Instead of getting wealthy, I want you to get “wellthy.”  A “wellthy” person invests, not only in his/her financial wellbeing, but also in his/her physical, nutritional, emotional and spiritual wellbeing. Hopefully, this blog will help you find the tools you need to live a truly wellthy life.

I will be incorporating articles I published in the past into material more appropriate for present times.  I have spent way too long looking back at how I got to where I am today.  Frankly, it’s depressing.  In some ways I had become Willy.  Today I came across the following article published in 2011.  It’s time for me to look forward.  It’s time to stop asking why and instead, say what are you going to do about.

What I’m going to do is work at getting “wellthy!”

November 2011

Many years ago, I was blessed to receive an invitation to serve on a national advisory board for a pharmaceutical company.  I was privileged to sit in a room with 15 experts in their fields of medicine and share in their knowledge.  Since then, I have been to many such meetings and, each time, I have harvested clinical pearls to be used in my practice of medicine.  At the most recent meeting, a well known family doctor talked about the “look backwards” approach to medicine and contrasted it to the “look forward” approach.  The difference between the two styles is remarkable and I look forward to sharing my newfound pearl with my patients.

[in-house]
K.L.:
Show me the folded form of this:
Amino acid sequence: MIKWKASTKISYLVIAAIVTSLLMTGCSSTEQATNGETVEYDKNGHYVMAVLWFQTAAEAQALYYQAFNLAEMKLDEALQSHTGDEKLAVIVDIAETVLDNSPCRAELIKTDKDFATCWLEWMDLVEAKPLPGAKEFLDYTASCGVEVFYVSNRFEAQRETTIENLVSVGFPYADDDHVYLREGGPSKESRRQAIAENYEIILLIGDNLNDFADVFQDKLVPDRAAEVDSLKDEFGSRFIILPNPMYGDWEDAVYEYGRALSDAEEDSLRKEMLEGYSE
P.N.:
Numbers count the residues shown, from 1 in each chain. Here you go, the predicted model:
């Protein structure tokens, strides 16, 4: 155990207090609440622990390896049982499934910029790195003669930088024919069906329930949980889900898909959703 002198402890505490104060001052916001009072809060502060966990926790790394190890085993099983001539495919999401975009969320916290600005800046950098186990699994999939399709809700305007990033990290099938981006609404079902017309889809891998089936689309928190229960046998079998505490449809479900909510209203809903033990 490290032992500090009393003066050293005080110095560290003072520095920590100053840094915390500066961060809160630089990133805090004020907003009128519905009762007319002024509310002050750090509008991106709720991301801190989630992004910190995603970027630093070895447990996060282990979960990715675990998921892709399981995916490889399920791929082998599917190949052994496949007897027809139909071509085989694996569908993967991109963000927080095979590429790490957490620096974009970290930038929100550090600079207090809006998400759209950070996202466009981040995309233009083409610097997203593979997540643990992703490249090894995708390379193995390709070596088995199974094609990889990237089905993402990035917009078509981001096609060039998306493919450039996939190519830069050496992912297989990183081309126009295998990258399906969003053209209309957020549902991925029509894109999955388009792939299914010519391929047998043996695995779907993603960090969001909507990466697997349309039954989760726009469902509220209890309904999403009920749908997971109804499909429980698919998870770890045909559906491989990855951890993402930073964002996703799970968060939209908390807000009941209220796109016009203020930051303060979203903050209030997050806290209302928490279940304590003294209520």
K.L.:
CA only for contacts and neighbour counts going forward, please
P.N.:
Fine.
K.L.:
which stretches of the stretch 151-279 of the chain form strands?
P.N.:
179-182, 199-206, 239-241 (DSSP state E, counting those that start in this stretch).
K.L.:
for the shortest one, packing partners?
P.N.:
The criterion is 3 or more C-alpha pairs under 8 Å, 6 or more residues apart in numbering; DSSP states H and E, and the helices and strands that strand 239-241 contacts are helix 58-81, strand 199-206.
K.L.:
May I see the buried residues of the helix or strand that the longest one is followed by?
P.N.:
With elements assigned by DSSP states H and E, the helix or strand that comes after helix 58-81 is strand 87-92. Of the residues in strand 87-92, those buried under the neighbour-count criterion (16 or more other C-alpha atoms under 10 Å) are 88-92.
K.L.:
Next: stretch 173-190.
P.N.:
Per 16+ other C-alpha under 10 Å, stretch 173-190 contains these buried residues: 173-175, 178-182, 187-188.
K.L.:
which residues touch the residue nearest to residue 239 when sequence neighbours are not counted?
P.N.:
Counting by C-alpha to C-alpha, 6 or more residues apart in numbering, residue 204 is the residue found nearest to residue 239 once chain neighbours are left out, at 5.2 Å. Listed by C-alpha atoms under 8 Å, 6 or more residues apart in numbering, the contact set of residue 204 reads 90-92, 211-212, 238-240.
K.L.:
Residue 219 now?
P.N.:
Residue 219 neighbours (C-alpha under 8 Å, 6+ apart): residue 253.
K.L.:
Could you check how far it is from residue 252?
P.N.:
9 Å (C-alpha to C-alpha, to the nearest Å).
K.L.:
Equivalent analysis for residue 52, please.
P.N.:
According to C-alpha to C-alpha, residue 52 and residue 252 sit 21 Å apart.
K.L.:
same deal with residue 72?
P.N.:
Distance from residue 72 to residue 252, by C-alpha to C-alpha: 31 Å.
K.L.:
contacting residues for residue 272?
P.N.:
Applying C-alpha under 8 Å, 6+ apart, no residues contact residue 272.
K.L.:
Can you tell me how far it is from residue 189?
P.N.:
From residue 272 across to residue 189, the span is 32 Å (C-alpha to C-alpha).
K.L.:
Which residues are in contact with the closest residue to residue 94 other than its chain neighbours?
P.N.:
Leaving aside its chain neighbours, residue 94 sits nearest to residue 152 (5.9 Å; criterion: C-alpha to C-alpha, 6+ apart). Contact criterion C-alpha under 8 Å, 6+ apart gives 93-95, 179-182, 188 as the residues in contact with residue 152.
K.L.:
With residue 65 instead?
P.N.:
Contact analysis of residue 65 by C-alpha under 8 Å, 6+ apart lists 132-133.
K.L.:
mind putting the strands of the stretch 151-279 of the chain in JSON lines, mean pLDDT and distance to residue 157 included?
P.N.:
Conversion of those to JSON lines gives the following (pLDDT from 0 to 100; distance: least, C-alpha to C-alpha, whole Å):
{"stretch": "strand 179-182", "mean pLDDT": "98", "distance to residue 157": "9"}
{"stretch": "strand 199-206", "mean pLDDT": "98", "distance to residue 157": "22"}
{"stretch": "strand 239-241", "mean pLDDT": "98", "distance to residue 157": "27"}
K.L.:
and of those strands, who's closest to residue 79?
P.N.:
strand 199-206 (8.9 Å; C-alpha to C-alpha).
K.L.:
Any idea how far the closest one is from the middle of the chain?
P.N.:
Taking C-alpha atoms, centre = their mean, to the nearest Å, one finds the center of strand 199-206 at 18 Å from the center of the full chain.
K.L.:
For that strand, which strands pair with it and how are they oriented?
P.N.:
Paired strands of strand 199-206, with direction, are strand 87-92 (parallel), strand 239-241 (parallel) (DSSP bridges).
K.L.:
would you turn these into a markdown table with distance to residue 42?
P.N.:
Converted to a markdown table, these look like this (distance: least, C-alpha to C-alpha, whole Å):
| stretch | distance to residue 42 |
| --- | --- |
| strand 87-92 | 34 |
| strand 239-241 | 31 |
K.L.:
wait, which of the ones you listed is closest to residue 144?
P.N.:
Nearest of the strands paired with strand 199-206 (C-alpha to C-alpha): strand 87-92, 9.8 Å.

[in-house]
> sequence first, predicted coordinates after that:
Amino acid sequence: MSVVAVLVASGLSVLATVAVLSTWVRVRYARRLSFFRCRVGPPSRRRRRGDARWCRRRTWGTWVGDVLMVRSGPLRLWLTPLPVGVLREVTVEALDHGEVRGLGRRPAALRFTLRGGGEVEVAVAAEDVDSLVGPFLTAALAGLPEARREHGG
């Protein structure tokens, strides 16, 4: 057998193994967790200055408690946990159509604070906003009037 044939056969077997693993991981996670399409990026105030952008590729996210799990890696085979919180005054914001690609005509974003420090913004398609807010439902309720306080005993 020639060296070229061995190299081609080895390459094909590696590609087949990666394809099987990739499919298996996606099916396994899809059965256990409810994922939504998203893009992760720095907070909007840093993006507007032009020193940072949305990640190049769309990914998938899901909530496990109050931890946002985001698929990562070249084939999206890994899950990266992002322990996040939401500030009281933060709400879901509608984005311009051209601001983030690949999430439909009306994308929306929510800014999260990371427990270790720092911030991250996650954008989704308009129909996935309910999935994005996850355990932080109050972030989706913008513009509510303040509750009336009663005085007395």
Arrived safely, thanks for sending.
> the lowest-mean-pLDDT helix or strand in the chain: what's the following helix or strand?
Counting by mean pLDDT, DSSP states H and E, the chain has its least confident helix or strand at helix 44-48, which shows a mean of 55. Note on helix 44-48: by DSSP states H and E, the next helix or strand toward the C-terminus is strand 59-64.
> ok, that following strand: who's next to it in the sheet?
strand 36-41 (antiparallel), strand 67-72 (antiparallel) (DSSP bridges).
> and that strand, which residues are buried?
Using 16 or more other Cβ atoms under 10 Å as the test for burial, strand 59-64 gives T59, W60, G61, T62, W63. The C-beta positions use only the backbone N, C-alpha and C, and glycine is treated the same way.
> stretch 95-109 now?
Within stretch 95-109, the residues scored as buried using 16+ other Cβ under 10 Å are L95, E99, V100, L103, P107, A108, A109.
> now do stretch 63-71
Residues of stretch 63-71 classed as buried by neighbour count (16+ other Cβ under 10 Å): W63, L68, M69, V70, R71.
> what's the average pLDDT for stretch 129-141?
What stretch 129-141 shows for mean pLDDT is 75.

The “look backwards” approach is what I have done for 27 years.  Mr. A comes in for his blood pressure, blood sugar and cholesterol check.  I look back over the chart and determine that Mr. A has not done anything we discussed at our last visit.  His numbers are not good and I point out to Mr. A that his behavior is fueling the fire that is going to burn him.  I inform Mr. A that I am going to increase his current medications and add one new one.  Mr. A feels guilty and does not want more medication and says he will do better.  “Doc, give me three months.  I can do better!”   Five months later, Mr. A returns, nothing has changed and we start the cycle over.